When the New Jersey Devils won the Stanley Cup after the 1994-95 season, it seemed like everyone wanted to put an asterisk next to their name in the record book.
A championship won after an abbreviated, 48-game season wasn’t universally embraced as legitimate at the time. To this day, many hockey fans view that first Devils championship with a degree of disdain. Even though New Jersey would go on to win two more Stanley Cups, their first one never really passed the smell test. Worse, critics often blame Jacques Lemaire’s club for plunging the NHL into the trap era, where defensive scheming trumped offensive creativity.
Yes, the last lockout-shortened season soured many fans on the game. The league failed to capitalize on the New York Rangers’ dramatic and memorable Stanley Cup championship from the previous season. And instead of cementing its status as one of the big four sports in North America, the NHL toiled in obscurity with attendance and TV numbers that seemed to stagnate in the years that followed.
So when this season started in the shadow of yet another lockout, the pessimists were out in full force. Once again, the league seemed destined to erode the importance of a Stanley Cup won by a team located in a major American city — this time, the Los Angeles Kings.
As autumn arrived without NHL hockey, fans focused their rage on commissioner Gary Bettman. They threatened to boycott games if and when the NHL resumed play — talk that was taken seriously by league executives, who feared social media would galvanize disgruntled fans in a way that grassroots campaigns never could in the past.
In retrospect, that raw emotion and venom from fans on Twitter and Facebook may have been a good sign, one that suggested they still cared deeply about the game. After the 1994-95 lockout, there seemed to be an apathy and malaise that set in around the NHL, and the boring style of play was the perfect match. Indifference towards the game was the biggest enemy the league would have to fight out of this latest labour dispute. The true challenge following the lockout of 2012-13 wasn’t creating new fans — it was making sure the old ones didn’t leave.
That’s where there’s a distinct difference between this shortened season and the one that occurred in 1994-95: This regular season — though not perfect — was a major improvement. The Blackhawks enjoyed a record-setting start. There was legitimate hope that the Crosby-Ovechkin rivalry could be renewed, as both superstars finished as Hart Trophy finalists. Every Original Six team qualified for the playoffs including the Maple Leafs, who did so for the first time in almost a decade.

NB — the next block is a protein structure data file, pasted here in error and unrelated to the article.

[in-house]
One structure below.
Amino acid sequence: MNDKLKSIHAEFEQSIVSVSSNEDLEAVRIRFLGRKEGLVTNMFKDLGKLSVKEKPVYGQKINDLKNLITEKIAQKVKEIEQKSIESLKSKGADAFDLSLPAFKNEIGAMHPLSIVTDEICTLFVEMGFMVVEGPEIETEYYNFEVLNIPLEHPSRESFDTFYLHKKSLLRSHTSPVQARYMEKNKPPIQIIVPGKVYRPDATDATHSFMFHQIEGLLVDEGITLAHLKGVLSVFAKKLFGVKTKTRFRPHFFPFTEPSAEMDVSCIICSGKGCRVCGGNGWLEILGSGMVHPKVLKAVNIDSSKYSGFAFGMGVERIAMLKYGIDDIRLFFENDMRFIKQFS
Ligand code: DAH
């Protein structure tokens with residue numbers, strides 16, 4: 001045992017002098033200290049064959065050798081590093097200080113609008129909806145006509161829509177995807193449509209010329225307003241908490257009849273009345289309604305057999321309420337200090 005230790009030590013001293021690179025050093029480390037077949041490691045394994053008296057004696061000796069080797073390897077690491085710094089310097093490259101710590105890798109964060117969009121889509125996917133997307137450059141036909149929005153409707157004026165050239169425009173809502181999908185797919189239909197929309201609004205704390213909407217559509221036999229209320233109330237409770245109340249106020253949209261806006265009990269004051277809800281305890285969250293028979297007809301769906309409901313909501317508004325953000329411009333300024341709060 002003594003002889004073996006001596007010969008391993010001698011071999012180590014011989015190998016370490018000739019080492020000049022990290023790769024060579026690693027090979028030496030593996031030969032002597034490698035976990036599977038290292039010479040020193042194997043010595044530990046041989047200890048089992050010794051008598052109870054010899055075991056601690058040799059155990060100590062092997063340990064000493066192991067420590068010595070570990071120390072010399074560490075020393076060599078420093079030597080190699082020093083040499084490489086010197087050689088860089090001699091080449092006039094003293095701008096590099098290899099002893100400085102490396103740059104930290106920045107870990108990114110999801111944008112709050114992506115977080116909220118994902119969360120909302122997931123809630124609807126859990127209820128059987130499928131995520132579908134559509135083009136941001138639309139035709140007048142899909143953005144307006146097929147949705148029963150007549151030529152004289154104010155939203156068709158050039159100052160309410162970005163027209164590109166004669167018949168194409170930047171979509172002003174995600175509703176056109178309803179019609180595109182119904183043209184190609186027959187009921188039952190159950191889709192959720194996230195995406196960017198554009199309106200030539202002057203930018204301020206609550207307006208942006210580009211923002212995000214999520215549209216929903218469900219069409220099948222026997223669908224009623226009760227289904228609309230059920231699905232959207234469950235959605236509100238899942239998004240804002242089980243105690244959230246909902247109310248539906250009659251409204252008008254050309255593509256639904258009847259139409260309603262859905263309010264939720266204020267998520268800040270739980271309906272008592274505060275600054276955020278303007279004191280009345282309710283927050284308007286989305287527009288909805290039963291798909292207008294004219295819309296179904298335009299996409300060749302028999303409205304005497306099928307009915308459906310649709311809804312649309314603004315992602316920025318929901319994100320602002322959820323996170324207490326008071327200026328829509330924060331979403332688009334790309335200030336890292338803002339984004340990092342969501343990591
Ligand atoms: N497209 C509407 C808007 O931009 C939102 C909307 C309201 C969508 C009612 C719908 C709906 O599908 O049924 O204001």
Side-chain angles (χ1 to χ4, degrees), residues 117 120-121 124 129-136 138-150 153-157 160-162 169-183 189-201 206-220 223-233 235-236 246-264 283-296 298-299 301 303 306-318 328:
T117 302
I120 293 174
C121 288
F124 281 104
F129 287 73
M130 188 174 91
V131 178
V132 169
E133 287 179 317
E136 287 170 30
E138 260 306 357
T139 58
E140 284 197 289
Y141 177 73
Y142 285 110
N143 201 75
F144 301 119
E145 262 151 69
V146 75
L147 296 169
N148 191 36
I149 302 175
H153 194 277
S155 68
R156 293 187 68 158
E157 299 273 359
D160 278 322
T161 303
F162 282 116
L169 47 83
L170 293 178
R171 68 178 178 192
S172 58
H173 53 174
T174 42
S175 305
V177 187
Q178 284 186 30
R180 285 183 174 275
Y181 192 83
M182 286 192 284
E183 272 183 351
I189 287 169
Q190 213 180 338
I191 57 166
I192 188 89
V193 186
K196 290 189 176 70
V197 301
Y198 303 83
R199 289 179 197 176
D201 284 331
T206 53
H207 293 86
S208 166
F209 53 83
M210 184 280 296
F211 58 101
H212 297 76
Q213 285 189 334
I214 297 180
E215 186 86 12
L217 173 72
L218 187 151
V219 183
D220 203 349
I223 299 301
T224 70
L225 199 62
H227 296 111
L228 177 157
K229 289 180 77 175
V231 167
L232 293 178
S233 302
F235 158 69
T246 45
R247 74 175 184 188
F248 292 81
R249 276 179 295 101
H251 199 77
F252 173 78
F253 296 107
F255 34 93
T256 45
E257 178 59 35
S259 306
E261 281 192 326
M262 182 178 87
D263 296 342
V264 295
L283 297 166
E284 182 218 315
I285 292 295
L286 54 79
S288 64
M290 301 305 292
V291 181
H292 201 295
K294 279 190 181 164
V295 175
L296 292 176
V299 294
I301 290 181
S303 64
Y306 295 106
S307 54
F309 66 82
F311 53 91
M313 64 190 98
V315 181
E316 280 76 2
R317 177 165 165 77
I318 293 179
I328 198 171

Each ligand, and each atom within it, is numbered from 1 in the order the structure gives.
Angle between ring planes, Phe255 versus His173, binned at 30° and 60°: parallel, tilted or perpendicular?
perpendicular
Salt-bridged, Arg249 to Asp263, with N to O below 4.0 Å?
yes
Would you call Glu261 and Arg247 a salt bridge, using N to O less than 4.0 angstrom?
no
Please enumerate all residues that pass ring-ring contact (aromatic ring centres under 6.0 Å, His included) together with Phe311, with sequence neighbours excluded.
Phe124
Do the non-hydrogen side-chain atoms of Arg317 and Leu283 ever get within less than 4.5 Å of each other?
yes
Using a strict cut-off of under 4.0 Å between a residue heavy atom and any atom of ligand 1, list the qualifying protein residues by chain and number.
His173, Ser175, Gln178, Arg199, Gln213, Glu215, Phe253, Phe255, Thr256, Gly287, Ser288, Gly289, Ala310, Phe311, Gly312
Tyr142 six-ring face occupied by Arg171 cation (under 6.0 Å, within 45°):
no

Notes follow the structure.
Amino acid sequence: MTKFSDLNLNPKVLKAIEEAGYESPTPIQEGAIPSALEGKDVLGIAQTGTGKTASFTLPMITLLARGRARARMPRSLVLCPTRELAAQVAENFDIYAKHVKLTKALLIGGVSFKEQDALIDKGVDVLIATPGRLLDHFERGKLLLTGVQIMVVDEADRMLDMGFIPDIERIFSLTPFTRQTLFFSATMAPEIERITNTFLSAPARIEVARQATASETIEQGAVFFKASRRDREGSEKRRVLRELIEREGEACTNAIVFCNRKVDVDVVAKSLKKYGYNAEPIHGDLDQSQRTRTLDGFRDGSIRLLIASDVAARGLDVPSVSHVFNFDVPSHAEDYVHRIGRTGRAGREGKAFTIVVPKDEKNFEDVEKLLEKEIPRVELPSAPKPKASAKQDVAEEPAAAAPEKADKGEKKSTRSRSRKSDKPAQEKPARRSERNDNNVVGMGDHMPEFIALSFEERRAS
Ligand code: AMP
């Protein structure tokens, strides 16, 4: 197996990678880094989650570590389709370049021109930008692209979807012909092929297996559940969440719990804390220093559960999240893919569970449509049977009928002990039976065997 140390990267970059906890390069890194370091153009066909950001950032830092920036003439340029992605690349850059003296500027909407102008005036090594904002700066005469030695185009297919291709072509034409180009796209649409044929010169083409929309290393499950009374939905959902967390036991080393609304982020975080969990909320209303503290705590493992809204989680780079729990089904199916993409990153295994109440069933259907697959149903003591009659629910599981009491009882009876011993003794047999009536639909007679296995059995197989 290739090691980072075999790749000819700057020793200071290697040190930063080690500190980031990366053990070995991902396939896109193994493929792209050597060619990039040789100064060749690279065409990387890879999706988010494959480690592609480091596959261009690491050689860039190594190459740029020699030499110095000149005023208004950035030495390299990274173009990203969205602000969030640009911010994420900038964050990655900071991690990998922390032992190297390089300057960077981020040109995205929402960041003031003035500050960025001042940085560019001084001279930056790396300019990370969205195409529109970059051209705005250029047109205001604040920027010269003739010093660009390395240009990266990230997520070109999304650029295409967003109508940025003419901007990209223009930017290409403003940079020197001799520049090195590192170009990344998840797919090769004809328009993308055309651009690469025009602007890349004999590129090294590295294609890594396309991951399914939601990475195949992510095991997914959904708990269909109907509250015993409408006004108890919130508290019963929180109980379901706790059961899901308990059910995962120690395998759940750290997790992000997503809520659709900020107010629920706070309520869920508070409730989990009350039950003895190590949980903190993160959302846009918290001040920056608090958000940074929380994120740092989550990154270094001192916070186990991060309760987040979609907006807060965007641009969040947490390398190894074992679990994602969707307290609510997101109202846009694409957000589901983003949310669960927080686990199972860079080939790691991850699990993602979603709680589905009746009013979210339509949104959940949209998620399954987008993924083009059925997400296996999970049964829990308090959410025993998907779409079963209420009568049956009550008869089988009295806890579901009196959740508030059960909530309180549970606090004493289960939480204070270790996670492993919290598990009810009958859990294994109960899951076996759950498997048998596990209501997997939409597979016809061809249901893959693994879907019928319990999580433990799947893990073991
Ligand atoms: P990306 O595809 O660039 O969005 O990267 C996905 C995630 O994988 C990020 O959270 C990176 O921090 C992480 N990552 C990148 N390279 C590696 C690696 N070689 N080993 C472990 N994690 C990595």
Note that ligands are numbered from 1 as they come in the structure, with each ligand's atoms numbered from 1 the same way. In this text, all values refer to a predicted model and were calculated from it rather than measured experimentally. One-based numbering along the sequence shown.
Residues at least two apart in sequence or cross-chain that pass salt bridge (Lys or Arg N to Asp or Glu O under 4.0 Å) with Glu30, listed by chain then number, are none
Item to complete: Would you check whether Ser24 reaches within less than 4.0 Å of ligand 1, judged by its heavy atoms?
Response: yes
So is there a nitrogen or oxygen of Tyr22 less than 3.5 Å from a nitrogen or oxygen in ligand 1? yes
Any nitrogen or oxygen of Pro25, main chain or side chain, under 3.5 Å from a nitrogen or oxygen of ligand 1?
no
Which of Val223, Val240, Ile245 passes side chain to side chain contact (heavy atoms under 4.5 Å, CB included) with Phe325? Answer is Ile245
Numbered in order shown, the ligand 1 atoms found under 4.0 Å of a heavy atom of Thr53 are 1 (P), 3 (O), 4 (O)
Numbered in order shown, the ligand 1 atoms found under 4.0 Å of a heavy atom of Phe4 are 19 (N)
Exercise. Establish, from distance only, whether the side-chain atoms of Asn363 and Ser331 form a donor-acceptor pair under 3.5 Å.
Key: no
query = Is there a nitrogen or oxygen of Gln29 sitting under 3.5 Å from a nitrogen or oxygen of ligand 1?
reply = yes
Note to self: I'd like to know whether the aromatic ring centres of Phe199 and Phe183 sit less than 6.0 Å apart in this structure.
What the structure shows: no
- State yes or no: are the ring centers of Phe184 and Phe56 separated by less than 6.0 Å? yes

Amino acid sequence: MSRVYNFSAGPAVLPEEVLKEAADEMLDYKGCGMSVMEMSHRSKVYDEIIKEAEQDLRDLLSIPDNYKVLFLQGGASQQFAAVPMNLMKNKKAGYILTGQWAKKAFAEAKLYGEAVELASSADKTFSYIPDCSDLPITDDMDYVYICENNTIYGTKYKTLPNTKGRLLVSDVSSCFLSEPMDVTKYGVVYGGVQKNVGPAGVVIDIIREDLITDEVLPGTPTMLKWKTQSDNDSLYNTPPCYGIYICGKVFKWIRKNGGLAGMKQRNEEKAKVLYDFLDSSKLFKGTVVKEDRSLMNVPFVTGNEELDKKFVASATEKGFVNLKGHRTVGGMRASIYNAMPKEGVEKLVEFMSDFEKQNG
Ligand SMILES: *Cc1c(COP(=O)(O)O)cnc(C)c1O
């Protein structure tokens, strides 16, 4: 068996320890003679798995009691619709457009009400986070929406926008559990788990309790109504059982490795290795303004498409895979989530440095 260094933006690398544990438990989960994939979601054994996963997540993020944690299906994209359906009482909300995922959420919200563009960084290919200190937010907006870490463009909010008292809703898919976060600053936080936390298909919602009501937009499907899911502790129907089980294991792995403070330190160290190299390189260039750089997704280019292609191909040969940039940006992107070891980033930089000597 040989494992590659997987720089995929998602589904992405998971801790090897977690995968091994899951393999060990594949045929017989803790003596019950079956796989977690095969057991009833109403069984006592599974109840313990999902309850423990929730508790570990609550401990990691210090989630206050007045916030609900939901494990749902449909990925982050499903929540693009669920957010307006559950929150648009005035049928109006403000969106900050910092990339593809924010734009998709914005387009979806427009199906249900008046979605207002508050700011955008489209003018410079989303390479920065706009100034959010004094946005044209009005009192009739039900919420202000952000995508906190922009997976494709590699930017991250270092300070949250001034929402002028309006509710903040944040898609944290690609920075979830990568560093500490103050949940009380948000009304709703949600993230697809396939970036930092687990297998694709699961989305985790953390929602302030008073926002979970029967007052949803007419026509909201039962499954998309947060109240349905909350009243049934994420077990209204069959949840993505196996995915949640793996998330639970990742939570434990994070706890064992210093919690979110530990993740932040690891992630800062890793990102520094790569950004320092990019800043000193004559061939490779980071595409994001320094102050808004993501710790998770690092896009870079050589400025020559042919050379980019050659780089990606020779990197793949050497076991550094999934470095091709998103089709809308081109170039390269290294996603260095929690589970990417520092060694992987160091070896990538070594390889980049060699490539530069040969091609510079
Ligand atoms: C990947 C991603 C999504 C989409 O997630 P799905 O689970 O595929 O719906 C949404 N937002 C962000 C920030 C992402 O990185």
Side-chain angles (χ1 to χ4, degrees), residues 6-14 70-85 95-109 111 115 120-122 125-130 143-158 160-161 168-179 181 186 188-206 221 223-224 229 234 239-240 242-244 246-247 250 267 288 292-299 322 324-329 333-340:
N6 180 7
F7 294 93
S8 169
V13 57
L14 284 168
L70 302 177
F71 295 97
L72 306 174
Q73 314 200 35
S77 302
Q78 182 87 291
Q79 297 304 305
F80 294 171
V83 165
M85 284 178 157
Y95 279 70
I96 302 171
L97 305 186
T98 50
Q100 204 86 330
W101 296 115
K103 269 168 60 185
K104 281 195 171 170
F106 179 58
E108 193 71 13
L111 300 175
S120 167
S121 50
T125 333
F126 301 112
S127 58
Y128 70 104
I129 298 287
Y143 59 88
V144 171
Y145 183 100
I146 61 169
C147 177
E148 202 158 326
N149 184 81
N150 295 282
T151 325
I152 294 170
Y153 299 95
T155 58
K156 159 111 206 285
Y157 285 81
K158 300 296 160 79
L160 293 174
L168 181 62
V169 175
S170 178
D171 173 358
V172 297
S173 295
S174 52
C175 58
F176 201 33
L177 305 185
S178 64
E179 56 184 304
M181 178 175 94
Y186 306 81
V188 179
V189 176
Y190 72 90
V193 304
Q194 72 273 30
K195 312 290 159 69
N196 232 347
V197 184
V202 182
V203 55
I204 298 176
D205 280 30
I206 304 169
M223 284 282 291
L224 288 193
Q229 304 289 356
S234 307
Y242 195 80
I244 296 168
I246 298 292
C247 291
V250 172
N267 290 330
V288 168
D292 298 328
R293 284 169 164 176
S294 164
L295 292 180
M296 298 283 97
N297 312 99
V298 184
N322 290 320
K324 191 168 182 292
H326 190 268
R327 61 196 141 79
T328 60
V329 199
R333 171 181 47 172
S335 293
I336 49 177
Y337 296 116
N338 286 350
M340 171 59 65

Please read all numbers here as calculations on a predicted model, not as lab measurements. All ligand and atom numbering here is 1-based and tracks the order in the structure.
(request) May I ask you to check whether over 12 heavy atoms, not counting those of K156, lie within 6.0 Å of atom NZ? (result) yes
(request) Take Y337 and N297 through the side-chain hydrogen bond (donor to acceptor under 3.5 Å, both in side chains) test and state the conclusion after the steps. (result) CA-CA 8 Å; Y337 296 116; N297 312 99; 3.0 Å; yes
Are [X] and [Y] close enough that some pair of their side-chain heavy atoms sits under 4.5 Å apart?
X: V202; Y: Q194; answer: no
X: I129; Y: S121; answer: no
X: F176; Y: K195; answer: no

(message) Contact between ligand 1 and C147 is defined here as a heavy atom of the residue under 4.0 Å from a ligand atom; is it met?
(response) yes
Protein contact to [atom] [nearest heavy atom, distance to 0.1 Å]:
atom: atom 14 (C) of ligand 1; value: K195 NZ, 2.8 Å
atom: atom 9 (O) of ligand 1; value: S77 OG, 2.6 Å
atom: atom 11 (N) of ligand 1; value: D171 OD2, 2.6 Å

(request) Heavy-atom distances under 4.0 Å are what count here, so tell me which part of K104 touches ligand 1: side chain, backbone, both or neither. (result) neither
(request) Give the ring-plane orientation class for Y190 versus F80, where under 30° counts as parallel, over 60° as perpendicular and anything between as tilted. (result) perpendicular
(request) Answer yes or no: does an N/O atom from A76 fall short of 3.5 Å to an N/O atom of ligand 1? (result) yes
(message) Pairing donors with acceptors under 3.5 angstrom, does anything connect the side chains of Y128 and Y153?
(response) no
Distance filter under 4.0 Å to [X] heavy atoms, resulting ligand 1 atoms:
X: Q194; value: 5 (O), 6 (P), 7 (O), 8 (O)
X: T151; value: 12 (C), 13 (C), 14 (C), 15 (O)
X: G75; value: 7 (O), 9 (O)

This time around, we weren’t left with a dud of a Stanley Cup final like the 1995 edition, when the Devils swept the Red Wings in a series that was devoid of any significant moments.
Instead, we’ve been rewarded with an exciting, hard-fought matchup between Boston and Chicago. And because this final features two great hockey cities with powerhouse teams, there’s been little talk of asterisks.
When Gary Bettman held his annual state-of-the-union address before the Stanley Cup final in Chicago, he spoke with an air of confidence. The commissioner wasn’t the least bit embarrassed about plunging his sport into yet another prolonged labour dispute.
Instead, Bettman confidently announced the NHL played to more than 97 per cent capacity during the regular season. Despite what some predicted during the winter of discontent, attendance actually showed a slight increase from last season. And the television ratings also showed improvement this season, drawing the best numbers since 1993-94 — the year before the word “lockout” became a common part of the NHL vernacular.
Perhaps fans warmed to the idea of a 48-game season this time around because it beat the alternative they witnessed in 2004-05, when an entire campaign was wiped off the books.
Or maybe fans have just come to accept NHL lockouts in the same way they do shootouts, bigger goalie equipment and hockey in Florida. They don’t necessarily embrace them, but they are just part of the game.
And for Bettman and the owners, when it comes to lockouts, perhaps the third time is the charm.
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